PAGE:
October 26

Medical Science Violating Children – 450 healthy children targeted – Redflagsweekly

Aug 20, 2002

Medical Science Violating Children – 450 healthy children targeted – Redflagsweekly


Redflagsweekly is the first online health news service to pick up on a news item provided in yesterday’s AHRP Infomail about a proposed experiment (whose researcher seeks government funding) to be conducted on 450 children (aged 8 to 10) who would undergo painful (so-called) pre-diabetes tests – without any evidence that the children are even at risk of diabetes.

The announcement was posted in The Federal Register in the dog days of August. It indicated that the federal Office of Human Research Protection (OHRP) is recommending that the Secretary of Health and Human Services use section 407 – an obscure section of the federal regulations that has been used only 2, at most, 3 times since 1983 – to approve an experiment on healthy children that is otherwise “unapprovable under federal regulations.”

In 2000, OHRP suspended a similar pr-diabetes study conducted at the National Institute of Child and Human Development because federal regulations prohibit exposing children to greater than minimal risks if there is no potential benefit for them. See: http://ohrp.osophs.dhhs.gov/detrm_letrs/nov00a.pdf

“Once you digest the information and get beyond what is stated in the Federal Register, the story begins to get quite intriguing, and frankly, quite appalling.” [Redflagsweekly]

The Alliance for Human Research Protection will be submitting our official comments before tomorrow’s deadline.




August 20, 2002


By Nicholas Regush

There are signs that the floodgates are opening for a new type of medical research: the violation of children.

And there isn’t even anything secretive about this. Look at the PDF File for the August 7 edition of the U.S. Federal Register. http://ohrp.osophs.dhhs.gov/references/youth.pdf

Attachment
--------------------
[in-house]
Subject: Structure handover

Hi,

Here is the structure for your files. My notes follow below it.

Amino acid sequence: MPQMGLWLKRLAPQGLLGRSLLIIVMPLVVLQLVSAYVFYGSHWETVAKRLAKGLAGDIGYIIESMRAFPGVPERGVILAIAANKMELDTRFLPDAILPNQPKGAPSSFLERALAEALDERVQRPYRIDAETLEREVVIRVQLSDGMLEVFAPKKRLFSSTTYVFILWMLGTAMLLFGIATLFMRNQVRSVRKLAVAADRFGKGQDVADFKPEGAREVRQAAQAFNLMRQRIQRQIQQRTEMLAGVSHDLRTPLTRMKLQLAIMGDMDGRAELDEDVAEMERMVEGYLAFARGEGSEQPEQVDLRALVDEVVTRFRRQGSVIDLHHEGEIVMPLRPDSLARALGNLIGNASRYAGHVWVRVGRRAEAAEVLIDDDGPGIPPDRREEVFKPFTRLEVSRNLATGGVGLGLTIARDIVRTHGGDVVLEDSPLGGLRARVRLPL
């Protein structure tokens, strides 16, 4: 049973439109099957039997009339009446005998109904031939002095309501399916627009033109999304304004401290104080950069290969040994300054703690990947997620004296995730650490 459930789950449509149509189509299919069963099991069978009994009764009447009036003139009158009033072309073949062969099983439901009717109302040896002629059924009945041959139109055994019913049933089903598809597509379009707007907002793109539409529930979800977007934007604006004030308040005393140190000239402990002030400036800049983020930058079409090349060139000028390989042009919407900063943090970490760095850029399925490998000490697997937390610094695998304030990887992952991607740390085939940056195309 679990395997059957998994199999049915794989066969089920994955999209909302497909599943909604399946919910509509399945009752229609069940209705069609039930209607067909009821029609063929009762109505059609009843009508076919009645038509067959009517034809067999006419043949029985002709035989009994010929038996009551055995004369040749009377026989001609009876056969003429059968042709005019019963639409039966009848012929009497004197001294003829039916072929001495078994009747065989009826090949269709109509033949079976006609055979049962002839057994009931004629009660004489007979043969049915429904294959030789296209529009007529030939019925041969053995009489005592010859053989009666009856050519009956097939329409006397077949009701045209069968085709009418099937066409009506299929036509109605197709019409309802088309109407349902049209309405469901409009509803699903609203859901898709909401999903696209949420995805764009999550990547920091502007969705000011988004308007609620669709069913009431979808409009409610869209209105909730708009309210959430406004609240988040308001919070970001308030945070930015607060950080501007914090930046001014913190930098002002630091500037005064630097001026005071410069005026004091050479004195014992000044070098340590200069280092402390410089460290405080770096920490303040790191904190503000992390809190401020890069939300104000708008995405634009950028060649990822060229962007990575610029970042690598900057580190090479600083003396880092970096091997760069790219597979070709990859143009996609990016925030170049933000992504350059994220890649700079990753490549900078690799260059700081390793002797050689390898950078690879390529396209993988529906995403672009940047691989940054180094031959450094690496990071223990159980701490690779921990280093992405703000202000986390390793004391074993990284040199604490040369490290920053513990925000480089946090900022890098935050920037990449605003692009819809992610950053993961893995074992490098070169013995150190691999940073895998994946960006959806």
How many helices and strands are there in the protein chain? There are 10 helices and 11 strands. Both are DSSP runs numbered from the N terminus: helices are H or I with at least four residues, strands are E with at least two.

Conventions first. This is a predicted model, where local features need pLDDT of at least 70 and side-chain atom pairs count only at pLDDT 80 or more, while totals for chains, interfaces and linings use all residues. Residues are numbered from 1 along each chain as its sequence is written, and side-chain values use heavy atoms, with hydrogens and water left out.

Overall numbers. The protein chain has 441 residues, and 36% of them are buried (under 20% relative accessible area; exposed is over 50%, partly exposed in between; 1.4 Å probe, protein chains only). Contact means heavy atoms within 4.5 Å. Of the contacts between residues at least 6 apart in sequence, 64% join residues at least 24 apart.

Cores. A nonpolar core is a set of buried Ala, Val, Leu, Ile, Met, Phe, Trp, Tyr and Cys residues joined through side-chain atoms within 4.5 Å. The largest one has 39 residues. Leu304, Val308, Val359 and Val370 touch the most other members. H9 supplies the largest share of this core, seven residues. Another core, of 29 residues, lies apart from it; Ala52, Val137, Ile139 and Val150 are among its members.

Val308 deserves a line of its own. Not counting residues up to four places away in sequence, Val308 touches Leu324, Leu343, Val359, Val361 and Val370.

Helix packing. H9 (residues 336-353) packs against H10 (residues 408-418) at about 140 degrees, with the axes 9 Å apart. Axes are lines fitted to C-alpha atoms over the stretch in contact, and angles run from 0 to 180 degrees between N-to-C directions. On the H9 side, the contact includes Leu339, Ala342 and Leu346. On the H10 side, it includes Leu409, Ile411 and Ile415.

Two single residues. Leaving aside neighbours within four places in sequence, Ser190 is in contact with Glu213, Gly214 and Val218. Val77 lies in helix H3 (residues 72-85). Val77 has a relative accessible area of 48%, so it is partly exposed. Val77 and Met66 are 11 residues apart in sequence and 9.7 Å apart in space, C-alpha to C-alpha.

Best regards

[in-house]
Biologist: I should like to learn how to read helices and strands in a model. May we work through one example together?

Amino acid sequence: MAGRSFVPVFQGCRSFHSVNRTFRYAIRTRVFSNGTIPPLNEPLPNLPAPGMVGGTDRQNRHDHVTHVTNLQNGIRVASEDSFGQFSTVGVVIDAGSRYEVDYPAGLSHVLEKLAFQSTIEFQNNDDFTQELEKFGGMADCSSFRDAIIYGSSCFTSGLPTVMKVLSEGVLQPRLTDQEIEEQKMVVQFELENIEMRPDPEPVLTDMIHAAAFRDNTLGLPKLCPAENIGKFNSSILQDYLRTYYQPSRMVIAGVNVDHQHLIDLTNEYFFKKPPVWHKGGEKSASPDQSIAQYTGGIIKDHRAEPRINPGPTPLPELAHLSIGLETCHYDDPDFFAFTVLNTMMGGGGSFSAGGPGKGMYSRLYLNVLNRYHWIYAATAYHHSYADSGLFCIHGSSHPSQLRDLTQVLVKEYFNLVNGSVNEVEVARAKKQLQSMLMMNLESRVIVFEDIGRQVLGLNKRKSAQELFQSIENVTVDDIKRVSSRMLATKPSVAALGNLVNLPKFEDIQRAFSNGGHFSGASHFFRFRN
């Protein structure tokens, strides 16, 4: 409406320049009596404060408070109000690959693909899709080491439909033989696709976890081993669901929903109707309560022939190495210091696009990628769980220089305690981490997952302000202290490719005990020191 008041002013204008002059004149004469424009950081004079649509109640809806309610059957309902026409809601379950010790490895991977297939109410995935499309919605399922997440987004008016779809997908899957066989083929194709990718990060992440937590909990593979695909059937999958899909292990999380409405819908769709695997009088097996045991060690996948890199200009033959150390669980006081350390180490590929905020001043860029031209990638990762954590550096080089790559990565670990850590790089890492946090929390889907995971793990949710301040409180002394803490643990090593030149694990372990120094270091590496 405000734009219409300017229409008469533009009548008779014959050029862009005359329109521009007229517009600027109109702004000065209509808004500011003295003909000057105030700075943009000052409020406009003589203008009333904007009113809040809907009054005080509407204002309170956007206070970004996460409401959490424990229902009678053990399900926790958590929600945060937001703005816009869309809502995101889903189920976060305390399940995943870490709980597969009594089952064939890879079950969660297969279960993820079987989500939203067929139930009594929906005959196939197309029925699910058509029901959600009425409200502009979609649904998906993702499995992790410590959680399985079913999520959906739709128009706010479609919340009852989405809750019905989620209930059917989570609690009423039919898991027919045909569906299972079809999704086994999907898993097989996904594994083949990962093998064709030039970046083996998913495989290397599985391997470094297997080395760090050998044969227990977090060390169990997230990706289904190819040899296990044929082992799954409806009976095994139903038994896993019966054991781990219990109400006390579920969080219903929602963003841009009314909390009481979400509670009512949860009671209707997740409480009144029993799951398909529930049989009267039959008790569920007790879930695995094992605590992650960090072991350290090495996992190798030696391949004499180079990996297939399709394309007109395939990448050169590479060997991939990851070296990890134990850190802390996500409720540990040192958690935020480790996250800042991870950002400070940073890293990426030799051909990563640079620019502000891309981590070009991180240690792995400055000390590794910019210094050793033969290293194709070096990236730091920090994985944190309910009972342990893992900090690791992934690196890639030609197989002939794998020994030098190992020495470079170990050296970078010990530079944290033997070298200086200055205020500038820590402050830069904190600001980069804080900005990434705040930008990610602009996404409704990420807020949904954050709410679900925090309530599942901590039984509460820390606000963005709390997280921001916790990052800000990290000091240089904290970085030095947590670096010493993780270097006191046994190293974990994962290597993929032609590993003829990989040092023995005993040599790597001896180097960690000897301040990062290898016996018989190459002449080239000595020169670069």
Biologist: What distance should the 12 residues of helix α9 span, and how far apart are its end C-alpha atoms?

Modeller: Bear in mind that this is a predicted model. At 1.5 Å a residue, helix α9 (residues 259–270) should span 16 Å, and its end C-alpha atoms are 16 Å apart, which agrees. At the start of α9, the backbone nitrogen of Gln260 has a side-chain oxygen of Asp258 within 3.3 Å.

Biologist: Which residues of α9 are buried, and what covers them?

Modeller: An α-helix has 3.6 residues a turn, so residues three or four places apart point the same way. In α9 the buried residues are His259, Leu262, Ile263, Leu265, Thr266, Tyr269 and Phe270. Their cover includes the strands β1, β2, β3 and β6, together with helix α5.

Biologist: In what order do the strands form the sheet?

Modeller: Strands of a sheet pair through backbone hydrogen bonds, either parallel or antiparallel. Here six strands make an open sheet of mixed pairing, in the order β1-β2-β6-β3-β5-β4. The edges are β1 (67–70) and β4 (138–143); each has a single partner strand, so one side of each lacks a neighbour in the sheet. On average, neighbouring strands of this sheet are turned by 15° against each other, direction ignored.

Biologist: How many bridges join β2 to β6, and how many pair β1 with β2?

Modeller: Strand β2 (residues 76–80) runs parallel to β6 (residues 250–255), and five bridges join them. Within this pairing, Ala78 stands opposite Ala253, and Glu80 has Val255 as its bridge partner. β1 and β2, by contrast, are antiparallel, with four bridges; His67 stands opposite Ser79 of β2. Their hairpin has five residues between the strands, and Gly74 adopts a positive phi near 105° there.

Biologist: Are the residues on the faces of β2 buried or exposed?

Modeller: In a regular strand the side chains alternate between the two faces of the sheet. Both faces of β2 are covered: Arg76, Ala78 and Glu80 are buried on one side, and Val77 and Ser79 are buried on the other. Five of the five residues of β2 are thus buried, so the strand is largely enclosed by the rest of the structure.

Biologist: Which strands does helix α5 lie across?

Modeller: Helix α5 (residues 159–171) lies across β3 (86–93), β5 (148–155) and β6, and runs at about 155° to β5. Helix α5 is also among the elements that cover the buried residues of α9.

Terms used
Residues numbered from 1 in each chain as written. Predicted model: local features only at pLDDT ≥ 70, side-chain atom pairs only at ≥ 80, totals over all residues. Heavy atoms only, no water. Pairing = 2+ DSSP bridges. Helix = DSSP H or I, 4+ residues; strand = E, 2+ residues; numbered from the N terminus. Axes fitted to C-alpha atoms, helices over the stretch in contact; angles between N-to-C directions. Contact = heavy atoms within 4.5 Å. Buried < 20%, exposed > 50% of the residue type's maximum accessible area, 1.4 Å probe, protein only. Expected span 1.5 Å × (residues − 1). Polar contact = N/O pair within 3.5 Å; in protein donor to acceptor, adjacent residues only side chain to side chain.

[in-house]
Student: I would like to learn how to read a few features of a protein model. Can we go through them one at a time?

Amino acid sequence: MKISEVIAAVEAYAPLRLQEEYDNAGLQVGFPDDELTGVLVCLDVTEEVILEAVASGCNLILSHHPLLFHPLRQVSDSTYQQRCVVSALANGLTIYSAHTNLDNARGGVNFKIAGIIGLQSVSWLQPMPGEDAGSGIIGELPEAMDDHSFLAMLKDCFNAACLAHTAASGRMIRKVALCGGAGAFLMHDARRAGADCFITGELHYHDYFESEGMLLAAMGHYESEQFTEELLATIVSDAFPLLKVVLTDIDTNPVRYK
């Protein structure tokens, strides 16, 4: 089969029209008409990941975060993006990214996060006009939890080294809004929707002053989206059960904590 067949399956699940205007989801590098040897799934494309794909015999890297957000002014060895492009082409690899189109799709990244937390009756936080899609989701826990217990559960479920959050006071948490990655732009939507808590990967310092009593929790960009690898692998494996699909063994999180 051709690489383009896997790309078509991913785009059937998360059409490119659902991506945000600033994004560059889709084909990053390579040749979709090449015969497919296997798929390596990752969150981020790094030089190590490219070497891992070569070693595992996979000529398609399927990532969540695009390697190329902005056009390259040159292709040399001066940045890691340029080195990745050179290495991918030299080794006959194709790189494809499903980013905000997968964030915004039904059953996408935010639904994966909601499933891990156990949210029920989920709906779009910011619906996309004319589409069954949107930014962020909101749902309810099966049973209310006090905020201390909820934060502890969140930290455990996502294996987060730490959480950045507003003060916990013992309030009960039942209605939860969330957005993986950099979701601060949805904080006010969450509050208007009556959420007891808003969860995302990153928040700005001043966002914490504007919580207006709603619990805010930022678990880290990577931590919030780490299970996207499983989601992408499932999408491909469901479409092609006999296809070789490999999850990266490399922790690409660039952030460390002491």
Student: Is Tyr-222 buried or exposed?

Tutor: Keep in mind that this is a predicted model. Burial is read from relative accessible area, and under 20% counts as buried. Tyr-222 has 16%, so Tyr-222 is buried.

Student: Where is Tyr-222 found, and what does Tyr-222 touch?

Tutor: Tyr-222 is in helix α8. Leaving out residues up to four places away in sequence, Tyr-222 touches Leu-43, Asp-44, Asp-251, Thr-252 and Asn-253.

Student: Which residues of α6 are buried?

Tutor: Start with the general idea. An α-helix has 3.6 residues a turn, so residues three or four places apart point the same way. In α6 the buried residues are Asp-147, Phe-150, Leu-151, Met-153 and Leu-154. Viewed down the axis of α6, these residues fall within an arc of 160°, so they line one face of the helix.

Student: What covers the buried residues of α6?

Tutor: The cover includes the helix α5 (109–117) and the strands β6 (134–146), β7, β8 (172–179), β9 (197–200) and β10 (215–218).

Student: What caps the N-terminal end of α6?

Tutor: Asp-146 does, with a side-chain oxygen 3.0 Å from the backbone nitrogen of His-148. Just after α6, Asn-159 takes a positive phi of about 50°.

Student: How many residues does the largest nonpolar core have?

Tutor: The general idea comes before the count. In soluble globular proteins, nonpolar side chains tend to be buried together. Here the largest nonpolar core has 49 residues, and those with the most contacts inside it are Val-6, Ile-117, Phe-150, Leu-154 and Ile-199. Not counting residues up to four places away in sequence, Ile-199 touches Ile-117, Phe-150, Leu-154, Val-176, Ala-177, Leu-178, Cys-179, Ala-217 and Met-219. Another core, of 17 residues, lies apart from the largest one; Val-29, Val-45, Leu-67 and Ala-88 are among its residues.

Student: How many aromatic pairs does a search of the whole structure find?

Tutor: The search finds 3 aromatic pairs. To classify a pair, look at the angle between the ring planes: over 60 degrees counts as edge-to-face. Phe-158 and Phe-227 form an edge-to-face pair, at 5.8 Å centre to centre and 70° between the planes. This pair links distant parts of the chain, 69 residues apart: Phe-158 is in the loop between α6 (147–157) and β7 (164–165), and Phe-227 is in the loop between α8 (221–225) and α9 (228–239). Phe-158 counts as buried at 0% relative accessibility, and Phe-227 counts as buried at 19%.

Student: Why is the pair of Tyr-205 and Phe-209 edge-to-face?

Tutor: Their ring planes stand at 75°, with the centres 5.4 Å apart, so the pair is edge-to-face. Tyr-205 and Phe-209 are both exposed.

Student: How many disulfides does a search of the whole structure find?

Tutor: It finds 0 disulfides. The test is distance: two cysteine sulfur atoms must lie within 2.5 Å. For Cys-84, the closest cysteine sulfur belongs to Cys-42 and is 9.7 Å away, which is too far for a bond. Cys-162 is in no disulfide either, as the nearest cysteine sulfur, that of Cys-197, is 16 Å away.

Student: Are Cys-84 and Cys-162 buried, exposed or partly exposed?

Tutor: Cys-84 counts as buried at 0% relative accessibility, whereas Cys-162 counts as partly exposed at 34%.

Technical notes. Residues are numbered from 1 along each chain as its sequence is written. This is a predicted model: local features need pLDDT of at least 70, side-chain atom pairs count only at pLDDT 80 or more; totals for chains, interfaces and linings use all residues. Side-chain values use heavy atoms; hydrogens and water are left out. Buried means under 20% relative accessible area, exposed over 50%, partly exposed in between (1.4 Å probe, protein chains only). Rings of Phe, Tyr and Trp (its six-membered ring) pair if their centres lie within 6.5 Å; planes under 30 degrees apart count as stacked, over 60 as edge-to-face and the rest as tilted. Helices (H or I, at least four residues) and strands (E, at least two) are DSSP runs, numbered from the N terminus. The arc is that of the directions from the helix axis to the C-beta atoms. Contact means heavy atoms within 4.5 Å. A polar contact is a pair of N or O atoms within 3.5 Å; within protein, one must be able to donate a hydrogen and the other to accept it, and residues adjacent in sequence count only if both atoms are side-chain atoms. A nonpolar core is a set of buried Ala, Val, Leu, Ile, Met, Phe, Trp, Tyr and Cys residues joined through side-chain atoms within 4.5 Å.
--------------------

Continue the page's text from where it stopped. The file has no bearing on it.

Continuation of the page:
The information under the heading of Department of Health And Human Services doesn’t call too much attention to itself, simply referring to a proposed study – “Proposed Recommendations Regarding Support of Research Protocol: Precursors to Diabetes in Japanese American Youth.”

Once you digest the information and get beyond what is stated in the Federal Register, the story begins to get quite intriguing, and frankly, quite appalling.

Last year, Dr. Wilfred Y. Fujimoto, a researcher at the University of Washington in Seattle was turned down by his university’s Institutional Review Board (IRB) when he proposed a pediatric study.

One of the problems with the research proposal was that the risk to the children who were to be tested would be greater than “minimal” and they would also not directly benefit from the research. This gate on research with children was established in federal regulations going back to 1983. The goal was to protect children from harm in studies.

Fujimoto seemed to be on what might be termed politely as a “fishing expedition.” He was interested in the notion that Asian adults have a “predisposition” to accumulate some central tummy fat and also have an increased risk for type 2 diabetes, and apparently that risk was greater around puberty.

So Fujimoto wanted to run tests on 450 children, ages 8 to 10 (300 of Japanese ancestry and 150 Caucasians). He hoped to gain an understanding of the kinds of metabolic changes that occur before the onset of type 2 diabetes in his subjects and learn about how being Asian might raise the risk of developing diabetes.

In other words, the children in the experiment would not directly benefit themselves, but their participation might lead to knowledge that might be of benefit to others.